Mr Clean (oz14909)


Mr Clean (oz14909) by Dick Remington 1970 - plan thumbnail

About this Plan

Mr Clean. Radio control sport model. Wingspan 42 in, wing area 272 sq in, for .10 - .15 engines.

Direct submission to Outerzone.

Note this plan could use a cleanup. Ironically. [Fixed now, see later update].

Update 6/11/2023: Added an alternate plan scan, thanks to Derick Scott. This is cleaner, but is also at lower res (300 dpi) so details and text are harder to read. Suggest builders refer to both plans. [Fixed now, see later update].

Update 6/11/2023: Added article, thanks to RFJ.

Quote: "If you're looking for a low cost, small, good flying pattern machine, you've found it! Mr Clean is capable of all maneuvers and simple to build. Mr Clean, by Dick Remington.

Have you ever spent literally days looking through every available model magazine for a model to build that will suit your particular requirements, only to find that no such model exists? This is how Mr Clean was born.

I had just completed building the Royal Classic System (see Charlie Kenney report this issue) with KPS-10 servos, and wanted to build a .10 to .15 powered model with aerobatic capabilities. There was this burning desire (probably heartburn) to fly a model through all of the beautiful and intricate maneuvers the contest veterans do with such apparent ease and nonchalance.

I felt that the best approach to this type of performance was a model with a full symmetrical airfoil and zero incidence and thrust configuration. In addition to this it was desirable to have a force arrangement that would allow the rudder to provide yaw motion with little or no roll component. This would allow such maneuvers as knife-edge flight and hesitation rolls to be done with less difficulty.

Last, but by no means least, the model had to have a realistic appearance. I guess that the obviously 'home built look' of Mr Clean stems from my contact with fellow private pilots who are building full scale aircraft.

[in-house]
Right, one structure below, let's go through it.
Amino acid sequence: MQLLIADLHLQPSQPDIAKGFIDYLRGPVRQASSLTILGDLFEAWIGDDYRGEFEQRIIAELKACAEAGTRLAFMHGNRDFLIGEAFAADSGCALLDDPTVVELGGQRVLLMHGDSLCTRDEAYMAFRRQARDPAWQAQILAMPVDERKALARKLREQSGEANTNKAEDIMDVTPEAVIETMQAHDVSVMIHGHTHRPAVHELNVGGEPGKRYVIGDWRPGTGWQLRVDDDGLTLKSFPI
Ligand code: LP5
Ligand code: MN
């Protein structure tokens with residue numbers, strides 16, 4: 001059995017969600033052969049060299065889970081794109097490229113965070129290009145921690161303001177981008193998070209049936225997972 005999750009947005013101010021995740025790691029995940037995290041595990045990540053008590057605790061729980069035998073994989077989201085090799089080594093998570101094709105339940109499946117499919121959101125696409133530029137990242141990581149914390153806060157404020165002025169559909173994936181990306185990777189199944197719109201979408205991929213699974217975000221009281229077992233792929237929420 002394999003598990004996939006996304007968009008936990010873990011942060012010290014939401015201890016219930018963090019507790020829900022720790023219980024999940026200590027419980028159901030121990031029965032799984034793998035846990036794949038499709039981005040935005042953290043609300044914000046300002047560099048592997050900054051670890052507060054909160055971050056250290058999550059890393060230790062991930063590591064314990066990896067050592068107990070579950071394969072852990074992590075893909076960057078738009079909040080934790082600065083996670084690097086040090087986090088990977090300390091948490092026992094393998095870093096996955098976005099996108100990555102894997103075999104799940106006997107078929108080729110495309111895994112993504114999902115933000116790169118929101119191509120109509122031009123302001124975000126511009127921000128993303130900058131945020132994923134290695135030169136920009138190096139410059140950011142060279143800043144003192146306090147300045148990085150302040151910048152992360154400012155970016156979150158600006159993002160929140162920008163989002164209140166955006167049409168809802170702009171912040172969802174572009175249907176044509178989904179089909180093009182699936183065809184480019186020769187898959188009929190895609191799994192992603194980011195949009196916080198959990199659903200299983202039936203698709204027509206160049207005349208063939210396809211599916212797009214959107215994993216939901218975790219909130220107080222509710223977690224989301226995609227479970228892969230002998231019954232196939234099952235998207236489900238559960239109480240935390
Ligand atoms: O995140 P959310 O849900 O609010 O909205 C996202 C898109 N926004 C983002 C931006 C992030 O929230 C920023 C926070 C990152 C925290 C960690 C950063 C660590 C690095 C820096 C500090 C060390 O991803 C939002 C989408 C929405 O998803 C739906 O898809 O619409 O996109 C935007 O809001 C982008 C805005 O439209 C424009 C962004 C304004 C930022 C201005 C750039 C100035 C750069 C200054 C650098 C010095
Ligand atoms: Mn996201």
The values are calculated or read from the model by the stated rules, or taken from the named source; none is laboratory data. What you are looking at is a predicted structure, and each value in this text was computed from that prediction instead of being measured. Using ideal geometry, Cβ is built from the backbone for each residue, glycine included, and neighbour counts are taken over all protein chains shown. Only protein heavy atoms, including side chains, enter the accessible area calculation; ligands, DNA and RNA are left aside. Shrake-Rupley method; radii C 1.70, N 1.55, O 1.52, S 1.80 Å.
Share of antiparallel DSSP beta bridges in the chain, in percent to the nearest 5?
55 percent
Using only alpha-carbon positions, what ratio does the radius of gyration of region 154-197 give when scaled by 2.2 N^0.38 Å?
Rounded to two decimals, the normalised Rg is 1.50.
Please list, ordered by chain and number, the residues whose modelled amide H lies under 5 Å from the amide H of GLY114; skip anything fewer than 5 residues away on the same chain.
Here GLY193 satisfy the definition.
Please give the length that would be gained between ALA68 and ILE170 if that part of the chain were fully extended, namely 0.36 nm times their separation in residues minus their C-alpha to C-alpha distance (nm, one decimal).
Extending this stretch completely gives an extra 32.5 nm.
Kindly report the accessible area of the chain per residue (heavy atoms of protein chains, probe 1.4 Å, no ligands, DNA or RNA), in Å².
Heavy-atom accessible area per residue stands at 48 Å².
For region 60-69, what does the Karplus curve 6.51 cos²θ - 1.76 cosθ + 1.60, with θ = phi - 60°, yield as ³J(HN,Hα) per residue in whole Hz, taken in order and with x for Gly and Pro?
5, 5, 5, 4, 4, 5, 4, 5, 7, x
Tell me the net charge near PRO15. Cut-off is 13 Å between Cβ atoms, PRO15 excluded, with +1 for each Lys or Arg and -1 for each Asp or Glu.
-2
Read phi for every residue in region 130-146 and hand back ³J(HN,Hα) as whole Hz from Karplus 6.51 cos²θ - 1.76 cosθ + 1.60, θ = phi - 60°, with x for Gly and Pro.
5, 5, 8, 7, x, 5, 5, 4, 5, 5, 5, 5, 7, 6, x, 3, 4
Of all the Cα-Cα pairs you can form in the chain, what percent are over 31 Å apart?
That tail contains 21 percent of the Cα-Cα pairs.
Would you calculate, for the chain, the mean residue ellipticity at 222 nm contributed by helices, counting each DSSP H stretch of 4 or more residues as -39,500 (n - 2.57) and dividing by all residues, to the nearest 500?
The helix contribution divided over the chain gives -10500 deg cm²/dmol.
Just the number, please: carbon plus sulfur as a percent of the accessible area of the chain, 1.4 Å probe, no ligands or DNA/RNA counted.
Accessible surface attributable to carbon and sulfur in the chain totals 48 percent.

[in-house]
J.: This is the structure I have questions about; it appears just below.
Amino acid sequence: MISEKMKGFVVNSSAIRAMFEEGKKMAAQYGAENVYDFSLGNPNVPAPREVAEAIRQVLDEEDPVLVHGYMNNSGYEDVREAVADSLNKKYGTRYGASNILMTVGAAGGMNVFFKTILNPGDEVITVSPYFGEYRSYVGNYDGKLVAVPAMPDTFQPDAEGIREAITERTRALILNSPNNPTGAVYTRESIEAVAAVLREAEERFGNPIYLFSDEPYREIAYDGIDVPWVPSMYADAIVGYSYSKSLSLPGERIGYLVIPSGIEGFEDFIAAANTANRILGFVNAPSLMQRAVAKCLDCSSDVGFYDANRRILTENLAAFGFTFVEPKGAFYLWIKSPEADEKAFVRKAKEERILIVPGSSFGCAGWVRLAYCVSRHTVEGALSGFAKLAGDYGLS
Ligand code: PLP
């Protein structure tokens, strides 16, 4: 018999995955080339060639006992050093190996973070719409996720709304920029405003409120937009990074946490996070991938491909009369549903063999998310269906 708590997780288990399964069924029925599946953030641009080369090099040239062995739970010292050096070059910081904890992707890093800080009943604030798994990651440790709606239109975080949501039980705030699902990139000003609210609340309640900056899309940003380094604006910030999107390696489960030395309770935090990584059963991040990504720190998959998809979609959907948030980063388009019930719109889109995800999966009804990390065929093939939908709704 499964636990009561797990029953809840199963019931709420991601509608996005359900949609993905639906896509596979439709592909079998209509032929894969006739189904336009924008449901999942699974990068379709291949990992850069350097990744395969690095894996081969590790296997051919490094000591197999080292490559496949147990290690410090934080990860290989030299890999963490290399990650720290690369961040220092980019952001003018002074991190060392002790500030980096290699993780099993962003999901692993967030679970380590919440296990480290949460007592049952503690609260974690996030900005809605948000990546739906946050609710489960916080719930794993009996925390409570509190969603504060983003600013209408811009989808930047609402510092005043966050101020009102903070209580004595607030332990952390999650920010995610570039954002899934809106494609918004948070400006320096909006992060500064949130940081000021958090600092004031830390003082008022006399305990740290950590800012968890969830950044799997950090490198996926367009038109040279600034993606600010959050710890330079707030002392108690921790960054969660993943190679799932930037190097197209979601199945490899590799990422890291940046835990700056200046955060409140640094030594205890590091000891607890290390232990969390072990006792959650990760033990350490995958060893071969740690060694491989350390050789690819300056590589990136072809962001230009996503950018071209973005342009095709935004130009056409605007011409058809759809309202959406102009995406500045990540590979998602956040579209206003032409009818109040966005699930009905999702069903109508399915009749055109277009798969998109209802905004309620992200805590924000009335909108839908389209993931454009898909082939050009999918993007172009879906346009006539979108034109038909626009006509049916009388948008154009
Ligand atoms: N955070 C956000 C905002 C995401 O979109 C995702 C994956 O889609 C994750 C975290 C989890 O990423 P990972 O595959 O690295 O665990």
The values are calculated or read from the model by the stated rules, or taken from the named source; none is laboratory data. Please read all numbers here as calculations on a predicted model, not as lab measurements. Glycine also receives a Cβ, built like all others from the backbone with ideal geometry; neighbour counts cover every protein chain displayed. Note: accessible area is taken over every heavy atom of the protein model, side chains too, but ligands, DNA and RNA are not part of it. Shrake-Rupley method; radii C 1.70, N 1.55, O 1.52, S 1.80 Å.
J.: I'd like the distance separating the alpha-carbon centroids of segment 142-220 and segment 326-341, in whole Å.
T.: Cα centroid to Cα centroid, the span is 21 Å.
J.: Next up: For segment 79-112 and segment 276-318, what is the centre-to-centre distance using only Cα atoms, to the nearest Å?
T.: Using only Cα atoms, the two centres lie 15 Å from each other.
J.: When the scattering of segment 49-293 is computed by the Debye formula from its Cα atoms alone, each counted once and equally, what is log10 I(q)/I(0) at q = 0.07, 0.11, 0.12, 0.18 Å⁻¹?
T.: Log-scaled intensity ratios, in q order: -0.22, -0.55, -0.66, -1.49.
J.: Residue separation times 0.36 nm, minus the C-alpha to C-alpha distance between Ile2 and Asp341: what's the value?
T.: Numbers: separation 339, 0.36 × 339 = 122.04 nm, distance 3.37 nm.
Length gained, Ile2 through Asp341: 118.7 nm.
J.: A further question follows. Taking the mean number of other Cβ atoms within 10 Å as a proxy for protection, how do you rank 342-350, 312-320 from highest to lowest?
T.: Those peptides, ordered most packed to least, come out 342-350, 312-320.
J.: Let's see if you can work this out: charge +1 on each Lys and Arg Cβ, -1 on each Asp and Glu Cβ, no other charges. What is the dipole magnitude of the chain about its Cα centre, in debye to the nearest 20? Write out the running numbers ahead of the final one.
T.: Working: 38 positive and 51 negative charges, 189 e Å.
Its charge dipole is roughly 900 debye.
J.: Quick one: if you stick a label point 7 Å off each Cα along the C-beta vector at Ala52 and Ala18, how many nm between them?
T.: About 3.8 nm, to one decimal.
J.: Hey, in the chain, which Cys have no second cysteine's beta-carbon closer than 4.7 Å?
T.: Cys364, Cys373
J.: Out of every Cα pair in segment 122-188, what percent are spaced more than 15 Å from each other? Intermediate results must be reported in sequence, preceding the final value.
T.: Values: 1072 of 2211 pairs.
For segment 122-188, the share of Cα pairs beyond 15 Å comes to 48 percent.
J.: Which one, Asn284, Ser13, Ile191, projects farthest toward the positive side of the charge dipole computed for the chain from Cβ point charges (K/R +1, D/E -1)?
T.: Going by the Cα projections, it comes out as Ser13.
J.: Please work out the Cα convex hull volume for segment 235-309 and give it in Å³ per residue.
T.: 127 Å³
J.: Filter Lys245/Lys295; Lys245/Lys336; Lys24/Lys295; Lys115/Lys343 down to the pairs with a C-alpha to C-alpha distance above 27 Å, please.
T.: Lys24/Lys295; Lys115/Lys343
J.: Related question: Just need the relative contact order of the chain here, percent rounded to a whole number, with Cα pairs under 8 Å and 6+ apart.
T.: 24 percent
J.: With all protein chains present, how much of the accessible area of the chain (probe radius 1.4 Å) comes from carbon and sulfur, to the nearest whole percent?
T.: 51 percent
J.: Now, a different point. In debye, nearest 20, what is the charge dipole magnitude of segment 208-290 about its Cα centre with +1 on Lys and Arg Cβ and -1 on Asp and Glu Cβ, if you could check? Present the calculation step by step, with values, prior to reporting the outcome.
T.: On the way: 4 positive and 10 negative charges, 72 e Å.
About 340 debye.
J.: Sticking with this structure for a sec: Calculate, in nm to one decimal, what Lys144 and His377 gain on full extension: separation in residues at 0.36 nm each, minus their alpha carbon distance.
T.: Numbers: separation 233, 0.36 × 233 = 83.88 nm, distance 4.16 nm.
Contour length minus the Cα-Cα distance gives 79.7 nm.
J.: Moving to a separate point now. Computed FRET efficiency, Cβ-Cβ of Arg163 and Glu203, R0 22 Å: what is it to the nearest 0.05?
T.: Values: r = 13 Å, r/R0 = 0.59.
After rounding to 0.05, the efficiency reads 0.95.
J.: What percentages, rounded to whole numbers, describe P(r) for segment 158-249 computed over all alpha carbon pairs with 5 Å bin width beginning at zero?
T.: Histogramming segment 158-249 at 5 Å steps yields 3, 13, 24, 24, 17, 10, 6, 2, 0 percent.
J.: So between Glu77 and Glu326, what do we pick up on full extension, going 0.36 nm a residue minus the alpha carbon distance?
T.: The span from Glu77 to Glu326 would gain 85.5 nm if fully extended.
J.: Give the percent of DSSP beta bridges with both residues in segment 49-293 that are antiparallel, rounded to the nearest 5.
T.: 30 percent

Mr Clean I was completed three weeks from the time the first sketches were made. It was powered by an OS Max .10 engine, and carried a Royal Classic system with KPS-10 servos and a 500 MA battery pack. The total weight was 37.5 ounces. It was covered with Super MonoKote in an effort to keep the weight down and reduce building time.

One of the design parameters (limited roll with the application of rudder), coupled with the author's very limited high performance multi-channel flying experience, nearly destroyed Mr Clean tir I on its maiden flight. The field from which I fly has no take-off and landing area. Therefore, all aircraft must be hand launched.

Bright and early one weekday morning when no one was around to see me trembling with anticipation and fear, I cranked up the little engine, checked the controls, set the elevator trim for full up, took a deep breath and launched the ship. Mr. Clean started out in a shallow climbing turn to the left and like a good single channel flyer I cranked in right rudder. As I should have expected the model yawed to the right but continued on a course with the left wing down and the nose up. I continued to feed in more right rudder, reduced power and completely ignored the ailerons. This placed the model in a steep slip to the left, all the way down to the ground. Luckily, the point of impact was very tall grass and no damage was sustained.

After my knees stopped shaking I decided to try again. This tie I used very little up-trim, remembered to use aileron and the flight was extremely successful. About 60 flights were made before Mr Clean I was reduced to a pile of sticks due to severe pilot error.

During the winter, skis were added and many flights were made from the snow where take-offs and landings were sheer delight. This model rolls very well, is exceptionally stable when inverted and has no bad habits when properly trimmed. While the initial rate of climb is not extreme, it is adequate. After trimming for level flight Mr Clean will surprise you with its speed and penetration, considering the power used.